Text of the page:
Women in Welding News
Continuing our coverage of the rise of women working in the welding field and other construction trades, let’s take a look at one untapped way to reach new welding students: our nation’s substantial prison population. As unfortunate as that might sound, just think about how many thousands of would-be welders are sitting behind bars, wishing they could make something of their lives once they gain back their freedom. What if most of our imprisoned citizens learned useful trades such as how to operate welding equipment, on both sides of the continent from Georgia to California? One story out of Wisconsin is warming our hearts and showing how welding can join metals as solidly as it can connect people to more secure futures.
WOMEN WELDERS MELT BARS BEHIND BARS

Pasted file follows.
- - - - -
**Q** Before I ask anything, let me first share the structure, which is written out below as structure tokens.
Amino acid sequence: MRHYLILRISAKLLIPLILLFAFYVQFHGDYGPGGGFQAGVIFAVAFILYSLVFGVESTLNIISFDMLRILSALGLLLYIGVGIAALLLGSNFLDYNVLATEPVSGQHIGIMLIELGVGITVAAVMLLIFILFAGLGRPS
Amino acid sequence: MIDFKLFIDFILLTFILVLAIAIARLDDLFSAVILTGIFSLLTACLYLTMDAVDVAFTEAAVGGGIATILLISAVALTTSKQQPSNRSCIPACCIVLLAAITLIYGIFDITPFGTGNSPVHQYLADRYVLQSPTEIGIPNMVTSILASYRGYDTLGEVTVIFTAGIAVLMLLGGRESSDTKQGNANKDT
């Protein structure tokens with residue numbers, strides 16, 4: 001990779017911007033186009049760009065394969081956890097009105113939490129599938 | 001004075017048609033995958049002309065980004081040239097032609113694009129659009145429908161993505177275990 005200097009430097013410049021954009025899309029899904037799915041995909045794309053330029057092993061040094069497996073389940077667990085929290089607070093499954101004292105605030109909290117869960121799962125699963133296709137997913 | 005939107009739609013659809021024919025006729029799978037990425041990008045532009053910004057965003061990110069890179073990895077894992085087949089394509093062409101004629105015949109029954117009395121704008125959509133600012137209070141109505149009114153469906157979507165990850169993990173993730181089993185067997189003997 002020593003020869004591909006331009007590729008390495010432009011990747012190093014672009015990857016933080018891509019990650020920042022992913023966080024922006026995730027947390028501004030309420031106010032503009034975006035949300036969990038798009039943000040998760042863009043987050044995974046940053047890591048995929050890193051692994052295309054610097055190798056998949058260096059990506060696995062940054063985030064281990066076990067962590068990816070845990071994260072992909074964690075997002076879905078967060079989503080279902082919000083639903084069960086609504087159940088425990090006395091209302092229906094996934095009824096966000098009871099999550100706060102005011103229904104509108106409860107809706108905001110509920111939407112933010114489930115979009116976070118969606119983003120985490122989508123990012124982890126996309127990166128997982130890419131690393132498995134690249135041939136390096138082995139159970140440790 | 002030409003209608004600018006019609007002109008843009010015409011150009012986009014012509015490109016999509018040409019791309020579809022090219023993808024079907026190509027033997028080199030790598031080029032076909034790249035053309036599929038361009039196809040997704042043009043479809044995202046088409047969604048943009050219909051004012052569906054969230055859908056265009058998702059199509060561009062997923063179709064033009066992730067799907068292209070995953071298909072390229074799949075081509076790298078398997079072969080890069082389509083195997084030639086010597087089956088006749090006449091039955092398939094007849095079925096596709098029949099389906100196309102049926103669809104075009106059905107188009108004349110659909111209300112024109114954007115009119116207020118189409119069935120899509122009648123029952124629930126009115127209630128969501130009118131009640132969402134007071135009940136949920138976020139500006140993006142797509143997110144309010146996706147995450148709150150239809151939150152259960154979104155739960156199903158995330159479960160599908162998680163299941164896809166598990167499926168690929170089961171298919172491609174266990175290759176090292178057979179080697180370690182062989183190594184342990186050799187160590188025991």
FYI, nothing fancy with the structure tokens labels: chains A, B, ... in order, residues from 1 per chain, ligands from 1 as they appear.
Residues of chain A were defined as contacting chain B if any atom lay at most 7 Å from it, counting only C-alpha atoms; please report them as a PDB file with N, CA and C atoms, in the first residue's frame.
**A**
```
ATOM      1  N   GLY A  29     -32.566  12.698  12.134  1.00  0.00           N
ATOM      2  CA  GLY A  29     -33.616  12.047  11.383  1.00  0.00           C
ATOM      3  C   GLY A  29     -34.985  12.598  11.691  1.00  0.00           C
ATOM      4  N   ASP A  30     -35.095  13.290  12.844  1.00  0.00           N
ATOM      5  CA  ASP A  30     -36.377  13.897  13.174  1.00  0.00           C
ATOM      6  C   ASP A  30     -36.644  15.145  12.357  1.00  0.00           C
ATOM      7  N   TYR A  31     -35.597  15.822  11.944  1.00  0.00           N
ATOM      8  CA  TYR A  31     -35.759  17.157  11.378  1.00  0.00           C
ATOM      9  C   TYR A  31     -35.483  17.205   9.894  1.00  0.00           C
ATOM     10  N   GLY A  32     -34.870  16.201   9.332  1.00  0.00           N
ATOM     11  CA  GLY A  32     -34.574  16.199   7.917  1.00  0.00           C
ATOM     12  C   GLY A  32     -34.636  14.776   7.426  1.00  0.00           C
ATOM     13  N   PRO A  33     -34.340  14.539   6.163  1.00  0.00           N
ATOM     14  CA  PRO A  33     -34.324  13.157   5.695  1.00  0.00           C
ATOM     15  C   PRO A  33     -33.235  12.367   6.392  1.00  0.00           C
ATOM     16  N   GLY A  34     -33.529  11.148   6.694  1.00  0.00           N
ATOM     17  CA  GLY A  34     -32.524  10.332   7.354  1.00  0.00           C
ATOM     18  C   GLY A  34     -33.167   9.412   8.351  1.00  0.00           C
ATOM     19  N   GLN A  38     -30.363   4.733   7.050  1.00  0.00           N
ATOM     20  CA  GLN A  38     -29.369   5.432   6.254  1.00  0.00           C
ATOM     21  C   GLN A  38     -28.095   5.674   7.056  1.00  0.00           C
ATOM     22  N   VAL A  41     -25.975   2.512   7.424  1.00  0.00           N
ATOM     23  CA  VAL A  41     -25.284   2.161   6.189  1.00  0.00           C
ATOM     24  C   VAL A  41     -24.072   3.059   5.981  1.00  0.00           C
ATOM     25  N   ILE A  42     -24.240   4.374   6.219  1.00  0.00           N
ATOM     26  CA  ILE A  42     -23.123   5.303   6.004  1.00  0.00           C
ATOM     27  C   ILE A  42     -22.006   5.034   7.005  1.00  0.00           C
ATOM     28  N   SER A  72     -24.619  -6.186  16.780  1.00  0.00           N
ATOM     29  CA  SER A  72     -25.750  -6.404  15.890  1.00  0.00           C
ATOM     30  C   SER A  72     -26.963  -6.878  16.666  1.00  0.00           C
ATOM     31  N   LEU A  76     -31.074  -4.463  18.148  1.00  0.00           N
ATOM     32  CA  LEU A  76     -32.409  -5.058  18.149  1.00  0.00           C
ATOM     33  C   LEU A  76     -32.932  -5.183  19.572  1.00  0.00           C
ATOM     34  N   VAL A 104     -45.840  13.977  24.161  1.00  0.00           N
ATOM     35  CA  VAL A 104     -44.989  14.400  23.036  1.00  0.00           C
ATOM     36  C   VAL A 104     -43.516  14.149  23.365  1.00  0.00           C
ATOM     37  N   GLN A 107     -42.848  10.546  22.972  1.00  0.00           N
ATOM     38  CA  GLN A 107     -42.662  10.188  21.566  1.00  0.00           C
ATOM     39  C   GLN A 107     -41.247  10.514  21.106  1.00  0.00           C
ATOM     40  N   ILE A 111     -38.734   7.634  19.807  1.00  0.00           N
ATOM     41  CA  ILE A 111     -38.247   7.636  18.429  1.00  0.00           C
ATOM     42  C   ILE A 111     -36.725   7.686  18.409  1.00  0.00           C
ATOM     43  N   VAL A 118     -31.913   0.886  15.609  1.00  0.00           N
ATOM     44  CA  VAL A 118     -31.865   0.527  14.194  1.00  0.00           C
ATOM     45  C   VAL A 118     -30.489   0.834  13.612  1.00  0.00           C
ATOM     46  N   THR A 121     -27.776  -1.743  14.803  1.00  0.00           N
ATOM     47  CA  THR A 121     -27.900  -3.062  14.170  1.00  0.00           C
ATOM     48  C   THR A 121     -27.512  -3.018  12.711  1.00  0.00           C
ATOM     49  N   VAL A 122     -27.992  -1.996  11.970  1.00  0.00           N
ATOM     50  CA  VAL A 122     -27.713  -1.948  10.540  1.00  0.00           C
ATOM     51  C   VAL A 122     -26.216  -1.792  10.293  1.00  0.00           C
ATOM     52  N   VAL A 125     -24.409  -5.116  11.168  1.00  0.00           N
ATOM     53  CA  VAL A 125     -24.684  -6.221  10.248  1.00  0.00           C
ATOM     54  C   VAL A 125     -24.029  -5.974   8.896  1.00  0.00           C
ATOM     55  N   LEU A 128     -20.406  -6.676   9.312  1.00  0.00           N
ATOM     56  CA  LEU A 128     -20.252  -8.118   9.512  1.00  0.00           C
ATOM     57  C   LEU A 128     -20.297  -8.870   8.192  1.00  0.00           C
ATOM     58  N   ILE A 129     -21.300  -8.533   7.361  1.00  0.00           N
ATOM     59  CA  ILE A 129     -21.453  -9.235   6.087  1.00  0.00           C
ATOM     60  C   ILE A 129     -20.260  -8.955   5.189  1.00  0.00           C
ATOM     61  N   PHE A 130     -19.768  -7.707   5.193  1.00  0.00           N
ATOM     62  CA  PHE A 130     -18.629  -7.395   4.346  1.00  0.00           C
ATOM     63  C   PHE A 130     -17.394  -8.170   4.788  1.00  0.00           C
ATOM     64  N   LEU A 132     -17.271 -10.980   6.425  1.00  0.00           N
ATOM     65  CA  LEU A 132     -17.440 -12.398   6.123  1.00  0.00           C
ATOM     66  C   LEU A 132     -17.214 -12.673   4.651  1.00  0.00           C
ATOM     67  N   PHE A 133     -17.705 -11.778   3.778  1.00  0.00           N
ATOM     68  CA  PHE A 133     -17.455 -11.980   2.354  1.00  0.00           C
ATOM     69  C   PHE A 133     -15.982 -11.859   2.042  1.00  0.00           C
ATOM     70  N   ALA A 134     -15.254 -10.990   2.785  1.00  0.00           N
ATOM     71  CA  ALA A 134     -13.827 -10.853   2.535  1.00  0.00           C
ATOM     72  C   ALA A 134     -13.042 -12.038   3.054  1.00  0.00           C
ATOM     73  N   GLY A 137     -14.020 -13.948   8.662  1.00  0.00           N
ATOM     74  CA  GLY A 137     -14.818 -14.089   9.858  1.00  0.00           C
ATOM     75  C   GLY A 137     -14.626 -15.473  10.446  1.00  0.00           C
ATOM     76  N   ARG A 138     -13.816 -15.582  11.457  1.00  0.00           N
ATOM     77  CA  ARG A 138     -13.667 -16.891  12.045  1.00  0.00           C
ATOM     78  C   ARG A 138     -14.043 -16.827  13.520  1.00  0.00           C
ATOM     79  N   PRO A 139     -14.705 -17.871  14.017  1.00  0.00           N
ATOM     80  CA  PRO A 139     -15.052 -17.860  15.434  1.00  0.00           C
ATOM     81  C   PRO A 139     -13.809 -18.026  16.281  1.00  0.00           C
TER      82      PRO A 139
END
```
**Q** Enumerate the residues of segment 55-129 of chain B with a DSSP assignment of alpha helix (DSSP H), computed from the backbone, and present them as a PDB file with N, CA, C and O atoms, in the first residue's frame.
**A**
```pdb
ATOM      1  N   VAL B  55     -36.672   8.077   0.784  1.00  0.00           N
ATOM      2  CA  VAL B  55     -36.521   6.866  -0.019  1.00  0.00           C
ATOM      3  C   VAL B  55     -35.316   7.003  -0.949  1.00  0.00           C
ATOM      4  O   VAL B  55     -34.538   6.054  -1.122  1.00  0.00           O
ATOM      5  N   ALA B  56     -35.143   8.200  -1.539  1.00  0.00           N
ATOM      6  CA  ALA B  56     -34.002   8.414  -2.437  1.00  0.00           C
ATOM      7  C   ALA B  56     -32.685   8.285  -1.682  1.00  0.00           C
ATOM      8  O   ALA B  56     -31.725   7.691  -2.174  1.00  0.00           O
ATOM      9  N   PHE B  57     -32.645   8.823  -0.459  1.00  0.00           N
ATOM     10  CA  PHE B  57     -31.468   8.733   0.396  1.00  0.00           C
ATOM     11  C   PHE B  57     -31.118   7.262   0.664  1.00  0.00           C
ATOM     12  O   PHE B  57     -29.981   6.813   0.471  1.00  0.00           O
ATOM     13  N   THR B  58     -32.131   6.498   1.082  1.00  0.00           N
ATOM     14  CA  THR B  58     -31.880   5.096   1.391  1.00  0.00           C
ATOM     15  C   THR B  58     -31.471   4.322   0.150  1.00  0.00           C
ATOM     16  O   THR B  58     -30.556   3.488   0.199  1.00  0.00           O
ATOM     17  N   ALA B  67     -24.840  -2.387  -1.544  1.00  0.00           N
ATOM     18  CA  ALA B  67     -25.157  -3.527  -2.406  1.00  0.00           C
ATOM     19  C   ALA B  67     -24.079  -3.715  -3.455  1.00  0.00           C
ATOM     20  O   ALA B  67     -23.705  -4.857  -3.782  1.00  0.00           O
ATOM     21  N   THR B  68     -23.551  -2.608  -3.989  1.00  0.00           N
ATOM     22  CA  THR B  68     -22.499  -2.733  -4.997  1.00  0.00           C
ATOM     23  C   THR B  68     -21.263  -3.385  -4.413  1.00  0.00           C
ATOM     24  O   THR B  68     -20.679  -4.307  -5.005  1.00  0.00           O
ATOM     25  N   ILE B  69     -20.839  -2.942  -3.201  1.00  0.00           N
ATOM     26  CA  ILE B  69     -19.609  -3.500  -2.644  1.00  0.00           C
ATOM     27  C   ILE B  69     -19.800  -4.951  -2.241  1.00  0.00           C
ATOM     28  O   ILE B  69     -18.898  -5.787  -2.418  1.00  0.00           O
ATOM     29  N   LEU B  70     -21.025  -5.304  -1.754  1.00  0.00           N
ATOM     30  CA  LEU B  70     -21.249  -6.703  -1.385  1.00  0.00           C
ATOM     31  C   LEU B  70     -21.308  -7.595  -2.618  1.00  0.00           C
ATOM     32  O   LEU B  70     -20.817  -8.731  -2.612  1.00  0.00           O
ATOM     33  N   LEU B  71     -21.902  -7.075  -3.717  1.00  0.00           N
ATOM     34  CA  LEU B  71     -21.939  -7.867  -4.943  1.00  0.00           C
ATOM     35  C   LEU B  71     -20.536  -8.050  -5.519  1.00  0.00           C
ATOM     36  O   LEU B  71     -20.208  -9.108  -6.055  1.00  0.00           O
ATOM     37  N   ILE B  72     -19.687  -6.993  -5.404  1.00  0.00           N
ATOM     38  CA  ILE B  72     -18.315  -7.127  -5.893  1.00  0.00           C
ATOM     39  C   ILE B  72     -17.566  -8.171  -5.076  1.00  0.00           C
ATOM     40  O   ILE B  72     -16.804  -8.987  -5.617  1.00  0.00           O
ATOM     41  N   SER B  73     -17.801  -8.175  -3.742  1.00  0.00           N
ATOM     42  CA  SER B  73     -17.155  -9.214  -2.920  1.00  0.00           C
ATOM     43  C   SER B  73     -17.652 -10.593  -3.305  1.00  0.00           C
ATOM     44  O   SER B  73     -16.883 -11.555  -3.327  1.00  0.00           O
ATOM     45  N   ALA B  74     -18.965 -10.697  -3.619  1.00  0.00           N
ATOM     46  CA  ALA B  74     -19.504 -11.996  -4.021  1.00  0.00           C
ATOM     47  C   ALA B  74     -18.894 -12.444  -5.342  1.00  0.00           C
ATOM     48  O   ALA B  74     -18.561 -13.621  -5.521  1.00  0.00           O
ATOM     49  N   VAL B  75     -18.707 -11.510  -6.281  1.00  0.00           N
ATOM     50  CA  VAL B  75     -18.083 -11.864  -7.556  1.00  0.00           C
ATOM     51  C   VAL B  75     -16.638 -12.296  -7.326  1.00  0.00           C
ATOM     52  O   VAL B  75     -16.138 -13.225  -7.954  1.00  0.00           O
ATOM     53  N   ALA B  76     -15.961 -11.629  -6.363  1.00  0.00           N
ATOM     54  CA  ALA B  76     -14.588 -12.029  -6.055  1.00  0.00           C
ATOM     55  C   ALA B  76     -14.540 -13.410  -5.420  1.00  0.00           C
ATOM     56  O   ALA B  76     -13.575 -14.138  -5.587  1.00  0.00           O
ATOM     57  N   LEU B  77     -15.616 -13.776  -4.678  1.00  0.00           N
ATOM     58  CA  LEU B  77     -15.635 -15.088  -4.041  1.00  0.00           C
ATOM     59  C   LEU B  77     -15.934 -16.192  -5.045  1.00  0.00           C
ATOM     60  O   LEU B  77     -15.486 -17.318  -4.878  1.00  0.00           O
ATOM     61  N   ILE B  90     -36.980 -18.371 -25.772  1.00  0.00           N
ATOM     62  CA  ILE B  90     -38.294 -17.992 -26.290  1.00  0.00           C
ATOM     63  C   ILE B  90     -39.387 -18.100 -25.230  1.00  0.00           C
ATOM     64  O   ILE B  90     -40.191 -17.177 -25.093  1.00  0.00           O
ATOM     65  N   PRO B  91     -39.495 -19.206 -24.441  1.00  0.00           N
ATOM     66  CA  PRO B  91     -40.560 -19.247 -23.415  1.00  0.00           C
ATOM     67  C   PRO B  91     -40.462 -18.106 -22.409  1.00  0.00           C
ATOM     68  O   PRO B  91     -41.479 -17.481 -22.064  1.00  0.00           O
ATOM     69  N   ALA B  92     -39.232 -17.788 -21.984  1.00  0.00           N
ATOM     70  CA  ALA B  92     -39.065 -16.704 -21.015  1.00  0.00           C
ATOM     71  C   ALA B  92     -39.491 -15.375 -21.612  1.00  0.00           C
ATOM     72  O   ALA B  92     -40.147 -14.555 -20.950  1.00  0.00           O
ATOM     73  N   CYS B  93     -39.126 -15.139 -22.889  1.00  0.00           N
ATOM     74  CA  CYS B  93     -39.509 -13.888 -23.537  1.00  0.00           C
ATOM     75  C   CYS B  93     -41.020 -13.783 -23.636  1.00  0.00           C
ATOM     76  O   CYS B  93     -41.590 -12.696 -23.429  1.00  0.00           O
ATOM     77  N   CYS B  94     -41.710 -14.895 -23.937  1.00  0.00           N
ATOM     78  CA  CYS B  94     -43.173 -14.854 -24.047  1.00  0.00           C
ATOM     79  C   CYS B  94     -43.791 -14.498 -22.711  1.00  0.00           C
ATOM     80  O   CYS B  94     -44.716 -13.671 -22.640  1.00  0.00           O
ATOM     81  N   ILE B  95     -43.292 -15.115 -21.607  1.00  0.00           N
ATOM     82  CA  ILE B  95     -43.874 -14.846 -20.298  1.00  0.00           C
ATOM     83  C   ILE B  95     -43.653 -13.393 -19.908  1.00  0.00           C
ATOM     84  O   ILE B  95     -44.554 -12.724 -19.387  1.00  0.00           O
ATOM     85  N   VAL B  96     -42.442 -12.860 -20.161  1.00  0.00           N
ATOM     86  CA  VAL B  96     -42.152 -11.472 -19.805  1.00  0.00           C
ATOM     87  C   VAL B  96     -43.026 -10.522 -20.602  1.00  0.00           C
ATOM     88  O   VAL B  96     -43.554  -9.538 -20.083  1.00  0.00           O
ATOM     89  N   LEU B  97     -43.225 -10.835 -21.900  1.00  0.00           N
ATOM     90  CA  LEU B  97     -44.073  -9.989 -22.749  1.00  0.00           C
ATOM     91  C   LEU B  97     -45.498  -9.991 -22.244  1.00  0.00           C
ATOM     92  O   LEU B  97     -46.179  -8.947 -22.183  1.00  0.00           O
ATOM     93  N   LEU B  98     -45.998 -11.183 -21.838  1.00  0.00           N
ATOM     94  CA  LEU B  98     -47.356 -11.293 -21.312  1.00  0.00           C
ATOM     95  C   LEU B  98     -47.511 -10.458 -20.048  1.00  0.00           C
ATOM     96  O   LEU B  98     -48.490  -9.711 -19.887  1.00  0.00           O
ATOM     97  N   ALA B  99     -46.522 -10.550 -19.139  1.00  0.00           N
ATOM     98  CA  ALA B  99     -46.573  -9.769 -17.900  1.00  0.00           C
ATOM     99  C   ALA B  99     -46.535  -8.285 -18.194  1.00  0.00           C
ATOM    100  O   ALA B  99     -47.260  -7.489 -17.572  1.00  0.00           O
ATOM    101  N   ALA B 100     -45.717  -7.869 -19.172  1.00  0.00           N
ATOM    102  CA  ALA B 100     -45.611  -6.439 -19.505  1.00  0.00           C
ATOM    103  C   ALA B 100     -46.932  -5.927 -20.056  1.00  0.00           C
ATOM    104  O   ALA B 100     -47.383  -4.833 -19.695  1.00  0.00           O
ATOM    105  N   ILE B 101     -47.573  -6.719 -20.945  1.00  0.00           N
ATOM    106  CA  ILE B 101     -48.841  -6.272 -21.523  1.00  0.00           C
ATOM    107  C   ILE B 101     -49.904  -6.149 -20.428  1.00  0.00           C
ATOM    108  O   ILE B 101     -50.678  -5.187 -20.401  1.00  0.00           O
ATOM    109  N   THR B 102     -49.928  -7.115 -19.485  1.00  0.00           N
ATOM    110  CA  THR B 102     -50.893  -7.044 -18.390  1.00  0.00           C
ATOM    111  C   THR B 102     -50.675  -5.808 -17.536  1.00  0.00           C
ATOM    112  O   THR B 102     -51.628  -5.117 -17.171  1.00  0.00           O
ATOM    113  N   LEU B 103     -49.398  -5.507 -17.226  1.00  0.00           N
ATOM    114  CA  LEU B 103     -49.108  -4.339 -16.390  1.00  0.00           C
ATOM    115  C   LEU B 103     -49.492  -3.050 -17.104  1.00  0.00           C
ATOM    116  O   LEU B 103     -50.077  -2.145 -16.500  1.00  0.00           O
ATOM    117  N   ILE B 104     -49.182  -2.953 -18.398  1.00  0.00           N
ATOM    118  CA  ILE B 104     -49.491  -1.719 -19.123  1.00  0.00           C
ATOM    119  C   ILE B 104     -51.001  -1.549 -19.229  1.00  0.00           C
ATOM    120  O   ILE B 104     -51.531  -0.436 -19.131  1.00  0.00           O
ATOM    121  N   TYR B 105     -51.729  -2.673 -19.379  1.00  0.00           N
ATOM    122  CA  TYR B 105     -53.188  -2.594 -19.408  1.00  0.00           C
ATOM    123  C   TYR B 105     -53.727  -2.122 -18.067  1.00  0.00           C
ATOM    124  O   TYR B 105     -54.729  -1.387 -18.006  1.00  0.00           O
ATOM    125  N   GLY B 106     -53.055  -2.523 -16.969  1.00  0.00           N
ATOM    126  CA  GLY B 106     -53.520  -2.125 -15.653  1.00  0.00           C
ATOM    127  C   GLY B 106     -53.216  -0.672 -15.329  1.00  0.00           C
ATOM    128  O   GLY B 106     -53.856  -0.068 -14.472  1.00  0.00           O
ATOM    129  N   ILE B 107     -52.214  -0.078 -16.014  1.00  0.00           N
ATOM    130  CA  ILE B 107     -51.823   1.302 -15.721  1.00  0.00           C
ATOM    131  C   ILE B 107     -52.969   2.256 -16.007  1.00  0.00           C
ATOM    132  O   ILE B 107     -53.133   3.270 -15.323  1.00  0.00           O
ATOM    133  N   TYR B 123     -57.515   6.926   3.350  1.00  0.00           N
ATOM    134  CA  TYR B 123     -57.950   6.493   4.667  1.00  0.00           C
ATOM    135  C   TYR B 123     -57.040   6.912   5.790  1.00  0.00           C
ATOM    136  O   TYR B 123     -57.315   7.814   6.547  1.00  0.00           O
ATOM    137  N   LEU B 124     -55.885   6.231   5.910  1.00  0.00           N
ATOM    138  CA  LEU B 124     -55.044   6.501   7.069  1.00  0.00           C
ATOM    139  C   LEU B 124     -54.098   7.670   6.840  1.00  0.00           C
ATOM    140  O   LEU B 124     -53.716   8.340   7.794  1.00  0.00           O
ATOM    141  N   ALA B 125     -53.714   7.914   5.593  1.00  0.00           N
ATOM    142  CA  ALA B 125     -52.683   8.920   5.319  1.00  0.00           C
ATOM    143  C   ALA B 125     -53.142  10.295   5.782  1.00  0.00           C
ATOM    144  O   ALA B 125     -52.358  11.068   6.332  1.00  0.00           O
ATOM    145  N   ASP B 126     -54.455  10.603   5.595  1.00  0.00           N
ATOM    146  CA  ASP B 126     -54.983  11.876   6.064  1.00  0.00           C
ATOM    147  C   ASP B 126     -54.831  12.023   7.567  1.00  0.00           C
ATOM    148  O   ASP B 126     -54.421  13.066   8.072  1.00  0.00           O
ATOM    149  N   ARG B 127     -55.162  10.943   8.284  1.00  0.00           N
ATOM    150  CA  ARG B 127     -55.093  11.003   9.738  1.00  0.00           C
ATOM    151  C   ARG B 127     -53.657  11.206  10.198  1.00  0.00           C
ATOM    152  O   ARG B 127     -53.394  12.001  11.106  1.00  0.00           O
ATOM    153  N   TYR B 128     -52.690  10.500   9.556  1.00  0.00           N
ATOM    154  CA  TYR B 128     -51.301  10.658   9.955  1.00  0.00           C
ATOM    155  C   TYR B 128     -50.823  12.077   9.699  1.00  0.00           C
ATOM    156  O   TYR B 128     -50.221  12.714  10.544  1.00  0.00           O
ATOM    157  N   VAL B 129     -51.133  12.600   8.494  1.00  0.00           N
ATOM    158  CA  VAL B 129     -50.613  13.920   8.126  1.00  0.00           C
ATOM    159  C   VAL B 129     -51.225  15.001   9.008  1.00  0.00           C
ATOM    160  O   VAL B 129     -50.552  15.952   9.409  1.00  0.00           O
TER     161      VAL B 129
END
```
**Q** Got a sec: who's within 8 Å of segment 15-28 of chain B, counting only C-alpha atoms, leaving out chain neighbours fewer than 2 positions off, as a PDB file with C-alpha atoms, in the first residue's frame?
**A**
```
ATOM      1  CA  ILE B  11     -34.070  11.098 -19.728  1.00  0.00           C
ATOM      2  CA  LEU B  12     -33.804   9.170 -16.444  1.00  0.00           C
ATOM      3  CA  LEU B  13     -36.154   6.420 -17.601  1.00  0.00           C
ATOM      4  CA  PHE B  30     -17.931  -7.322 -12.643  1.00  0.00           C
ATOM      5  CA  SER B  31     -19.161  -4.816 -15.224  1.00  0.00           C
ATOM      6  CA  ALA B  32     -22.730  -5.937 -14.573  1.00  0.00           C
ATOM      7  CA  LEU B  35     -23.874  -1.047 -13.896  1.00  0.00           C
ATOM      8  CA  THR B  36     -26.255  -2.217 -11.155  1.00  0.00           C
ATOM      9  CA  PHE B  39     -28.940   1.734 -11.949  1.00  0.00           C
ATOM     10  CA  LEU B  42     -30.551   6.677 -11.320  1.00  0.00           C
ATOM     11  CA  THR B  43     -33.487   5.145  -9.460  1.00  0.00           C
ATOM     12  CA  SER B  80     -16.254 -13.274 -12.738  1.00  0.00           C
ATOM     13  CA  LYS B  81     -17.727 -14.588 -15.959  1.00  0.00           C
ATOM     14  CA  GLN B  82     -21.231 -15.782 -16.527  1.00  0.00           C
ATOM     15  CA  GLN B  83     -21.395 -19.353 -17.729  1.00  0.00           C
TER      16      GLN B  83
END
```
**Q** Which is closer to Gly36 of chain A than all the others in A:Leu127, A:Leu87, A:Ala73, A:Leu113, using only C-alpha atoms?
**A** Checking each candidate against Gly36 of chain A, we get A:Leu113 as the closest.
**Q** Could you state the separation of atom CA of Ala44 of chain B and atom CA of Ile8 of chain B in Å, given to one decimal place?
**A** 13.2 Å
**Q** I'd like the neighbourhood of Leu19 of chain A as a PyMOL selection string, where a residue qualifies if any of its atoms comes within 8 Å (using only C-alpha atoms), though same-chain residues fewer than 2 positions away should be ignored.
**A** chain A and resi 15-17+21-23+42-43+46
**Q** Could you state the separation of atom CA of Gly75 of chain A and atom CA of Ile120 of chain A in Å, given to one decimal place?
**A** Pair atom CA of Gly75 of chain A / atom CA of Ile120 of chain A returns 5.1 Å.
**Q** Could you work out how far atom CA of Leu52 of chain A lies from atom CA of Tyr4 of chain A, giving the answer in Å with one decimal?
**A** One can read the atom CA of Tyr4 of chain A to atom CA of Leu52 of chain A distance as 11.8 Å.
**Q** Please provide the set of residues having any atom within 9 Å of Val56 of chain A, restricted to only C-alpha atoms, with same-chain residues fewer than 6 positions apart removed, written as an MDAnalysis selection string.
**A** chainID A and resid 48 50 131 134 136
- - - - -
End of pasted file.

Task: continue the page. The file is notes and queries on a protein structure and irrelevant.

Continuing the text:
As a welder, you know how much skill it takes to really master technology like operating gas metal arc welders, such as the kind that powers your Miller welder. Most of the women learning how to weld in prison are doing from the ground up, without any prior experience in the technical trades. Their term in prison provides a reset and, ironically, a chance to take control of their future. A local technical college offers a ‘boot camp’ model of welding intensive with a certificate that they can complete in a few months. Then once independent citizens again, they can get straight to work at a decent wage. Or, if they are able to continue their education, enroll in a longer term welding diploma program at the same college, on the outside.
BALANCED EDUCATION IN WELDING EQUIPMENT
The technical component of this certification program is quite robust. It allows the women to read plans, operate welding machines, and get their hands on GMAW and TIG welders too. This is the kind of welding- specific career prep classes we at Sidney Lee like to see for all students of welding. We wish these hard working women nothing but the best in their success, for a stronger future building America’s infrastructure with welding equipment.